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Digitization: IT departments have to reinvent themselves
In "Digital Insights - Digitization: 7 perspectives from practice", the digitization professional, author and interim manager Mathias Hess explains how digitization can succeed if companies establish change management that involves employees and actively involves them on the path to digital transformation so that the new technologies and collaboration models can develop their full benefits.
Mathias Hess: "IT departments will have to reinvent themselves". (Image: Best Practice Verlag)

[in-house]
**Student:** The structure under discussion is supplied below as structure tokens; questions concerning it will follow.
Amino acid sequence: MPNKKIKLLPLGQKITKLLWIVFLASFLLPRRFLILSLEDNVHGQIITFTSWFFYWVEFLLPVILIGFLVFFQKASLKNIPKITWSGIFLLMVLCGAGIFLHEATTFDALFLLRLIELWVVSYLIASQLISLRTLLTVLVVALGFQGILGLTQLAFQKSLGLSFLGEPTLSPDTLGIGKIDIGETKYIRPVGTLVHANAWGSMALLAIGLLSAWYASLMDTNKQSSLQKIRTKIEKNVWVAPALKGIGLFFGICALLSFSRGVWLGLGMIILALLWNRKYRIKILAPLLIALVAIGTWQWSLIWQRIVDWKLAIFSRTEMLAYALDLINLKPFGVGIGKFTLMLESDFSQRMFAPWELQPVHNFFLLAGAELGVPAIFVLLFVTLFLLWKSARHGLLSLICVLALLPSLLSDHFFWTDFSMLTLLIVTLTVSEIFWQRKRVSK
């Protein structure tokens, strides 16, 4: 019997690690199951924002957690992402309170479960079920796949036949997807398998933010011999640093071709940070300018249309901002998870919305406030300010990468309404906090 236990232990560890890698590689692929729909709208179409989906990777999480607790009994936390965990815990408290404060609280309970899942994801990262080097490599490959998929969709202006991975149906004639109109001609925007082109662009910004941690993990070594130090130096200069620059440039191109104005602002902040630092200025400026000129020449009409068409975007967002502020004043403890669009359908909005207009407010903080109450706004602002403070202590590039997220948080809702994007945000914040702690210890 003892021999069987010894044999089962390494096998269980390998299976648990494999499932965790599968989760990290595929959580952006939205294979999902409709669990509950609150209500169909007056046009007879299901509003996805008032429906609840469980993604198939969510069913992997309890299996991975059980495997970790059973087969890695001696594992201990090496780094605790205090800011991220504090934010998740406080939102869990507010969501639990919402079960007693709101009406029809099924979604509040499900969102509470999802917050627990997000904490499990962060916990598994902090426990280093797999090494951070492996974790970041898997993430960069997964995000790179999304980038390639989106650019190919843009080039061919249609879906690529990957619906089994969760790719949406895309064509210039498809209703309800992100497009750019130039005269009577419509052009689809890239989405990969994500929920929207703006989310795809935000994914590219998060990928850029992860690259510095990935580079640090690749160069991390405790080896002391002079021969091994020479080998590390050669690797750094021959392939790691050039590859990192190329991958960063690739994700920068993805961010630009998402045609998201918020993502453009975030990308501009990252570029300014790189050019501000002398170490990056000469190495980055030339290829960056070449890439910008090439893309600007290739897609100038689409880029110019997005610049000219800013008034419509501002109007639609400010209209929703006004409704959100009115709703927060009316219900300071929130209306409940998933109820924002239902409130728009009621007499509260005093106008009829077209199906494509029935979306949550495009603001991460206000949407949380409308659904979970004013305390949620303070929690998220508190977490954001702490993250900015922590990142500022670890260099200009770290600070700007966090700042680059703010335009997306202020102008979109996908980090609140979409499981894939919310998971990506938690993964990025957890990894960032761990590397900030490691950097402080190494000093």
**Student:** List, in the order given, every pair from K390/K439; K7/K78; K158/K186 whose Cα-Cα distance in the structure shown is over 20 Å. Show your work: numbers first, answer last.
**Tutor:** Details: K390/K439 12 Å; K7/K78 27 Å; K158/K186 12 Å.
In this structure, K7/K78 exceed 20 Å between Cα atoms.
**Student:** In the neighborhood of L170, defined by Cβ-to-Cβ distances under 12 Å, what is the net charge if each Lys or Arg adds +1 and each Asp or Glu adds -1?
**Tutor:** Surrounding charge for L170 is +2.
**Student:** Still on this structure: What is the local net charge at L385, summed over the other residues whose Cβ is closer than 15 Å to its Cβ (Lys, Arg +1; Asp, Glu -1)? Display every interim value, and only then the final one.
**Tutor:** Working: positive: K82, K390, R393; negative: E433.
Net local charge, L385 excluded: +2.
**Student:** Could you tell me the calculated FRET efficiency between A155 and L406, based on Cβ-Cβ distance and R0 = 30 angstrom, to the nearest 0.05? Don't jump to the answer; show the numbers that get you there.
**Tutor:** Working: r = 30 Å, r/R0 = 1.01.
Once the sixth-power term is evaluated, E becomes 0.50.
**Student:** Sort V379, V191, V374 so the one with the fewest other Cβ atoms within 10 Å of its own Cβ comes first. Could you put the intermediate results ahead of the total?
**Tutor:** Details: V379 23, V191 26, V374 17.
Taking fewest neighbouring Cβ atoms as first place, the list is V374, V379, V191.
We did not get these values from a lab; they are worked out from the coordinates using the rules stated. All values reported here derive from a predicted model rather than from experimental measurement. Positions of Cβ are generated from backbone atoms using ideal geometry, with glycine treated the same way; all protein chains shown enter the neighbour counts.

Data is the new gold - but very soon IT will no longer be the gold digger. In the context of digitization, the requirements for the IT department are changing, as more and more processes in the company run automatically. Instead, complex networked, often external applications will dominate day-to-day operations. The organization of IT is thus assuming a fundamentally new role: away from problem-solving cost optimizers and towards creative business enablers.
Old-style IT departments cannot shape digitization